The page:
skip to content

Darwin Correspondence Project

To W. E. Darwin   [13 February 1859]1

Moor Park, Farnham | Surrey

Sunday Evening

My dear Gulielmus

Mamma has forwarded to me your nice note written about a week ago. I did not pay Wilson for your Books or for any extras whatever: so you must pay by P. order & add the amount to your Bill against me.2

I am delighted to hear that you mean “to come the excelsior” & that you like your tutor; who is he?3 Moor Park has not done me quite so much good as heretofore, but I hope it yet may: I cannot walk far & get to a kind of Barometer which I have here, namely Crooksbury Hill, when I can get to top of that all is splendid but half-way beats me as yet. Nor can I get up to my old standard in Billiards.4 There is a young Irishman here, who plays capitally & gives me lessons: he always is hitting his own ball on one side, but Dr. Lane says that if I take to that I shall never learn, so that it is hard work to settle between my masters. It is horrid that one cannot play on Sundays & makes the day very long for I like watching the others. The other day there was an advertisement of 11ft Thurston table at Dickensons for 17 guineas;5 I wonder whether that was the one you saw: if not it is disgusting that I did not advertise.6

I enclose note from Georgy to show that he has got over “schoolach”: I must write to him tomorrow.7

GoodBye | my dear old man | Yours affectly | C. Darwin


Dated by CD’s visit to Moor Park hydropathic establishment (see n. 4, below) and by the reference to billiard-tables (see nn. 5 and 6, below). According to Emma Darwin’s diary, William returned to Cambridge on 1 February to begin the Lent term.
CD had paid William Greive Wilson, William’s former tutor, in October 1858. William received a payment of £28 from CD on 2 May 1859 ‘for furniture & various expenses last year’ (CD’s Account book (Down House MS)).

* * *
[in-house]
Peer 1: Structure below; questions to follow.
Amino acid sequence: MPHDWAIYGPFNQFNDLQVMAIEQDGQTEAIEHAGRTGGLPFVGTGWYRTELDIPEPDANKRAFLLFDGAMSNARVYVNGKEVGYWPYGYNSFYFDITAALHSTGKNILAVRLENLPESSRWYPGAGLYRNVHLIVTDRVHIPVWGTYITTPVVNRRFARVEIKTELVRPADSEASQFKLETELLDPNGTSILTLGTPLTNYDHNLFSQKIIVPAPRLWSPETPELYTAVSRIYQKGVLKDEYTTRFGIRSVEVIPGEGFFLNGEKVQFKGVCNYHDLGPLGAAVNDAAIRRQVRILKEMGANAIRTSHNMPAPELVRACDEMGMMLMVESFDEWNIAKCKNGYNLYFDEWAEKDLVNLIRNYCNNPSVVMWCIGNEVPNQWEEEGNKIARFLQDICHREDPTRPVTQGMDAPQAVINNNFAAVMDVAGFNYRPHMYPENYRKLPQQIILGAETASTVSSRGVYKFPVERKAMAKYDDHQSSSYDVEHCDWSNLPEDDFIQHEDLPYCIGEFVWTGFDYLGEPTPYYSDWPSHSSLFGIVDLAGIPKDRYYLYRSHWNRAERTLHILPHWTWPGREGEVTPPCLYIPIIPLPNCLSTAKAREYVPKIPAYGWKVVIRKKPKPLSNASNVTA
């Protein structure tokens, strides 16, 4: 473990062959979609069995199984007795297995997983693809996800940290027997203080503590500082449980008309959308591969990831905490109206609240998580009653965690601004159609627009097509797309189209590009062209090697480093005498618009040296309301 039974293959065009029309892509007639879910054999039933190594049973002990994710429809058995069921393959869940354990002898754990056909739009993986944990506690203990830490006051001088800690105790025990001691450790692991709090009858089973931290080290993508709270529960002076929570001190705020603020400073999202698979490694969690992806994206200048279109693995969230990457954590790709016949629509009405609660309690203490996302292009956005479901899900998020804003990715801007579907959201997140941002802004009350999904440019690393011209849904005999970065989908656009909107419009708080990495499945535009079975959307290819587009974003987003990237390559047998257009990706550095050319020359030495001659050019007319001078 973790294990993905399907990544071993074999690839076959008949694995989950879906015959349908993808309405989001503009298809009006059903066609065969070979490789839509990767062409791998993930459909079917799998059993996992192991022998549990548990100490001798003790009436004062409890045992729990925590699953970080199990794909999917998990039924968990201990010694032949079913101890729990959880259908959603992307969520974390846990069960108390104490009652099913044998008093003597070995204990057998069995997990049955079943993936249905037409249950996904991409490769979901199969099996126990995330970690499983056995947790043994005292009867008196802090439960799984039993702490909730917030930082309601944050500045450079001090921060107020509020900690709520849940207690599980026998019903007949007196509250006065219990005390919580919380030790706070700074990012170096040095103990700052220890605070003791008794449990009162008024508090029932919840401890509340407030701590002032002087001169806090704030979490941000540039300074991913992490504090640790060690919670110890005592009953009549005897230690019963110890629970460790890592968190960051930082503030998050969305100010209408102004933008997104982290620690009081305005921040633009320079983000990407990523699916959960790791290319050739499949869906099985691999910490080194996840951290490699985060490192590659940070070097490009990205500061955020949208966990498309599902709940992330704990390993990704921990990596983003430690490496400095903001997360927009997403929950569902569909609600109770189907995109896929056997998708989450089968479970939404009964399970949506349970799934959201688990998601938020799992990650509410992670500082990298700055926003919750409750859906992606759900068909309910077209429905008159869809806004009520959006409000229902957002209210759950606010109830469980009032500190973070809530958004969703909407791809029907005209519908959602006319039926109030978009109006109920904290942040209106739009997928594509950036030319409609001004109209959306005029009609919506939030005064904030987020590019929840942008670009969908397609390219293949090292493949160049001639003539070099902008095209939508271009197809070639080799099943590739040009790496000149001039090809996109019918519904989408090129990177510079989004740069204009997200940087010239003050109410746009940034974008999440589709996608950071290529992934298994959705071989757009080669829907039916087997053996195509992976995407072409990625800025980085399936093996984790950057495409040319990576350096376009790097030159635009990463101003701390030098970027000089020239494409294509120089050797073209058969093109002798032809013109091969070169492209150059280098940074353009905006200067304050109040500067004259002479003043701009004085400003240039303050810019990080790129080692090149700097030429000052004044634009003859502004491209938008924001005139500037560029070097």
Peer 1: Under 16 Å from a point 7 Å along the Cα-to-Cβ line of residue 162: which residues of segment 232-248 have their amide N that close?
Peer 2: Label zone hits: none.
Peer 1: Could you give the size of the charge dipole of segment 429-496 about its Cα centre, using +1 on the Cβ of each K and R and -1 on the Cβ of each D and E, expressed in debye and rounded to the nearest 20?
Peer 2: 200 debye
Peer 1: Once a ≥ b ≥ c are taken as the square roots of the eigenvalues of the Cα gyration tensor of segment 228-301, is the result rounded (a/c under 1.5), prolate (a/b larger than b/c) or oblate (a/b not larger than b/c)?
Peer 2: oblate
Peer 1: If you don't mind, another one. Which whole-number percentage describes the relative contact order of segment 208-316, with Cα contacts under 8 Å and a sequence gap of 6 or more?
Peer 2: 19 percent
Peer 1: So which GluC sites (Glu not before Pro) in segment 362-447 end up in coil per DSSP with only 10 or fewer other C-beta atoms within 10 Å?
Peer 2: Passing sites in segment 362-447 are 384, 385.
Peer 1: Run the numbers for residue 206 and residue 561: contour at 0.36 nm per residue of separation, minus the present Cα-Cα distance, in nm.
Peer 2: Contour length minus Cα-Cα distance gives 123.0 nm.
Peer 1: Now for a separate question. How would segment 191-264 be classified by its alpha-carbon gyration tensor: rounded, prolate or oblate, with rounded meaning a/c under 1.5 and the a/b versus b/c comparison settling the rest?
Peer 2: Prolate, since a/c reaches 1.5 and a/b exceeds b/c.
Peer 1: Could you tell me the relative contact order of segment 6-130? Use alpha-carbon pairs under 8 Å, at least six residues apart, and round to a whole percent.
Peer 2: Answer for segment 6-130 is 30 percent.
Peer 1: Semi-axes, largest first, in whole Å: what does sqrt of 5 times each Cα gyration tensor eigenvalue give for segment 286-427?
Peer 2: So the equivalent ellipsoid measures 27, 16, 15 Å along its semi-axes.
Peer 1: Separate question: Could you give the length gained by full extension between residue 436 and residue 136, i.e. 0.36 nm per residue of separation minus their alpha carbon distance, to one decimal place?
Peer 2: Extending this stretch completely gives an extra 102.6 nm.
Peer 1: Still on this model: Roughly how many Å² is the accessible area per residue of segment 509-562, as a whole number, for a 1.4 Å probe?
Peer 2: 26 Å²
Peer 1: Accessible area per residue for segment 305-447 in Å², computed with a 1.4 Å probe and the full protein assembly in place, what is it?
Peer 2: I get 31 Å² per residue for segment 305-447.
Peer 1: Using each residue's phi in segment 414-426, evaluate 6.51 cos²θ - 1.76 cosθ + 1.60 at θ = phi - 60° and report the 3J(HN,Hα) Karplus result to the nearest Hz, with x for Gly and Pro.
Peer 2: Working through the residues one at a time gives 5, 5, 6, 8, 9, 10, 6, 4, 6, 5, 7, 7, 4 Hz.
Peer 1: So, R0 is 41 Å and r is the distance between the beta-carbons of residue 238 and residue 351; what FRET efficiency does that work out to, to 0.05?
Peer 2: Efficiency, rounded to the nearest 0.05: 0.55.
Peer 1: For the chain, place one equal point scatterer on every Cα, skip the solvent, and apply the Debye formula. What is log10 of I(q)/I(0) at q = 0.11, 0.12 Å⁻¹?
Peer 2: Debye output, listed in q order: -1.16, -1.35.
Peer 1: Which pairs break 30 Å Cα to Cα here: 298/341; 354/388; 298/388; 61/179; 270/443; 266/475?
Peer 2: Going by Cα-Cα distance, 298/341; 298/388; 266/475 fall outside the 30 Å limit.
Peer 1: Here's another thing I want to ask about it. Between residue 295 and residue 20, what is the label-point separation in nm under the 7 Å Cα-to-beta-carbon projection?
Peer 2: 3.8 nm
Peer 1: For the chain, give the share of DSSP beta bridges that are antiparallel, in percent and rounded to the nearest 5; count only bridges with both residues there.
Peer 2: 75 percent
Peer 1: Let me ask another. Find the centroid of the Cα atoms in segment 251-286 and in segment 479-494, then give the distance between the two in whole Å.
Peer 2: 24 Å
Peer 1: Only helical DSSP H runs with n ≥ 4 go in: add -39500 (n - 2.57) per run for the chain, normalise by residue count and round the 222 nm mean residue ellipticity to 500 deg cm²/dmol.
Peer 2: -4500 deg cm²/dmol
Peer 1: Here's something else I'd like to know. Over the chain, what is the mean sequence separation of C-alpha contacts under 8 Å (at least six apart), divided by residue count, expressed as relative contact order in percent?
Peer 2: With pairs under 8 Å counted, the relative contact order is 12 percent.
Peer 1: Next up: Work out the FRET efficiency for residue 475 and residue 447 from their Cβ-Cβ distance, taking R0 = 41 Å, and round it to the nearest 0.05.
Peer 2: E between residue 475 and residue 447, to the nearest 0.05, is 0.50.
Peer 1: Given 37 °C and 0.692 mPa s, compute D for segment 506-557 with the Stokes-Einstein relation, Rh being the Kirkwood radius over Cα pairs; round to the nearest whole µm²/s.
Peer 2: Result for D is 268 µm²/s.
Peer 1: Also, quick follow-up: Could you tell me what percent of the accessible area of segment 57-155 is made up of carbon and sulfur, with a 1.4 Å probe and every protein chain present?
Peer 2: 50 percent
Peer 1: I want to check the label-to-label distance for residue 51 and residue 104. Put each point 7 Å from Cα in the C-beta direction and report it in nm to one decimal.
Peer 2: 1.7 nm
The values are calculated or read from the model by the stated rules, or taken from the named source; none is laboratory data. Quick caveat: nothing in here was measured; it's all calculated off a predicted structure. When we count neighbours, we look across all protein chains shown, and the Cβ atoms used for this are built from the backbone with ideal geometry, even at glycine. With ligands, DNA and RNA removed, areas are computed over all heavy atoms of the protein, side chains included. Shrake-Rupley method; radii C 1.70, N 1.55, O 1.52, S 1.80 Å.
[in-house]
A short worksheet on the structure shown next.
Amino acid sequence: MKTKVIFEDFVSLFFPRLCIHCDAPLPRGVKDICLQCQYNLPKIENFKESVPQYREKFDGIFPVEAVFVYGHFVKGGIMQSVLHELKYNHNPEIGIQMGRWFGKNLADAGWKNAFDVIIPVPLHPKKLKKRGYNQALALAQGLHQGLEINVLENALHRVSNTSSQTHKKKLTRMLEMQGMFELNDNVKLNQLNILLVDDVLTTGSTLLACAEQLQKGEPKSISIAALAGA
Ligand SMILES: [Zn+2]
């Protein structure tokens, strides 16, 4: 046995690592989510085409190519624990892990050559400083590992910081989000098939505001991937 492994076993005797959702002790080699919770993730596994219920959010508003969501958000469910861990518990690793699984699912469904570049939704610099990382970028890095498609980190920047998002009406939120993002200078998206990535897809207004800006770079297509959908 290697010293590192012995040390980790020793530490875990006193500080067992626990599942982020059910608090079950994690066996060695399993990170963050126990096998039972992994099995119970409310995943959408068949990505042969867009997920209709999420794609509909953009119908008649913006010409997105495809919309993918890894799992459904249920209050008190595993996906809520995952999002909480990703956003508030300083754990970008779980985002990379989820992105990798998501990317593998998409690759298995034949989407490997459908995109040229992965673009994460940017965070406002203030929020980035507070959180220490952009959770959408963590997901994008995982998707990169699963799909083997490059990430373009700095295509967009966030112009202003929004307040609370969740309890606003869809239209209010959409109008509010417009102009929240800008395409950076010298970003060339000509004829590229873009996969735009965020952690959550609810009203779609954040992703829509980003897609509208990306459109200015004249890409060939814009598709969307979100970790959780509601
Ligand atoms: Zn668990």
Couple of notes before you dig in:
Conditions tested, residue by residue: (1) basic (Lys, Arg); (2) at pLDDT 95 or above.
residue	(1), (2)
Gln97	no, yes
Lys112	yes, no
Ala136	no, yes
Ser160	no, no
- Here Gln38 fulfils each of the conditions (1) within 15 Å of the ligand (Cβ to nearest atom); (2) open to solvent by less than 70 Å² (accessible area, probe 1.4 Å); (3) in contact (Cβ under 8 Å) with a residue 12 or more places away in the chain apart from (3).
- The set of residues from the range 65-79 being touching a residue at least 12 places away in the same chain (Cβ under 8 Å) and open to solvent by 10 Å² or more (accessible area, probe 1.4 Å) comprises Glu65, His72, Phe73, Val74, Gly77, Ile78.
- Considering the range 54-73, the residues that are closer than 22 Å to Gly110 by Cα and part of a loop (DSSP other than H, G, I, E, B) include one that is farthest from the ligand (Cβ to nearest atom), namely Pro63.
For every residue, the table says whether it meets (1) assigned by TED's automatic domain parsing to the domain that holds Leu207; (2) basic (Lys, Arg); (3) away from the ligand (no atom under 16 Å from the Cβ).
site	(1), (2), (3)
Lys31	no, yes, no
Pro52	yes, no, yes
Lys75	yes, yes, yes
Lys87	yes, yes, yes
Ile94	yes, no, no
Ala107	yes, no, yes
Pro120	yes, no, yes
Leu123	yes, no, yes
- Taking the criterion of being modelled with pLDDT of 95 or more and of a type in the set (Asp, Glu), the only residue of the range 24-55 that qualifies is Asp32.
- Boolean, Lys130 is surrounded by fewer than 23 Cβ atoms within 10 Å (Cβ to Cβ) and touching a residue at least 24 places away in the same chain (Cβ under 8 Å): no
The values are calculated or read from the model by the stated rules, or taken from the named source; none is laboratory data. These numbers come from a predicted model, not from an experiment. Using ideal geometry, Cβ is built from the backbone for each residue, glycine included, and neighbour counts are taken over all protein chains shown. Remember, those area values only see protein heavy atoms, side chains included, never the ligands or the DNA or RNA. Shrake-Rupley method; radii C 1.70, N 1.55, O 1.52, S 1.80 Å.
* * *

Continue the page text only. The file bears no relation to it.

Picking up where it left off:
William Mandell Gunson, renowned as a tutor for the mathematical tripos, was the tutor at Christ’s College. It is possible, however, that the reference here is to the assistant tutor at Christ’s, Joseph Wolstenholme, who also tutored in mathematics. See letter to W. E. Darwin, [5 May 1859] and n. 6.
CD stayed at Moor Park until 19 February 1859 (see ‘Journal’; Appendix II). For descriptions of some of his walks about Crooksbury Hill and Farnham heath, see Natural selection, pp. 570–1. CD enjoyed playing billiards at Moor Park during a previous visit (see letter to W. E. Darwin, [3 May 1858]).
John Thurston had introduced the slate billiard-table in 1836 (EB). Henry J. Dickinson was a billiard-table manufacturer at 84 Gray’s Inn Lane in London (Post Office London directory 1859).
CD had apparently already ordered a much more expensive billiard table for Down House (see letter to G. H. Darwin, 24 [February 1859]).
Emma Darwin’s diary records that ‘G. went to school’ on 2 February 1859. George Howard Darwin had entered Clapham Grammar School in 1856.


EB: The Encyclopædia Britannica. A dictionary of arts, sciences, literature and general information. 11th edition. 29 vols. Cambridge: Cambridge University Press. 1910–11.

Natural selection: Charles Darwin’s Natural selection: being the second part of his big species book written from 1856 to 1858. Edited by R. C. Stauffer. Cambridge: Cambridge University Press. 1975.

Post Office London directory: Post-Office annual directory. … A list of the principal merchants, traders of eminence, &c. in the cities of London and Westminster, the borough of Southwark, and parts adjacent … general and special information relating to the Post Office. Post Office London directory. London: His Majesty’s Postmaster-General [and others]. 1802–1967.


Discusses events at Moor Park and domestic matters.

Letter details

Letter no.
Charles Robert Darwin
William Erasmus Darwin
Sent from
Moor Park
Source of text
DAR 210.6: 35
Physical description
ALS 4pp

Please cite as

Darwin Correspondence Project, “Letter no. 2414,” accessed on 22 September 2023,

Also published in The Correspondence of Charles Darwin, vol. 7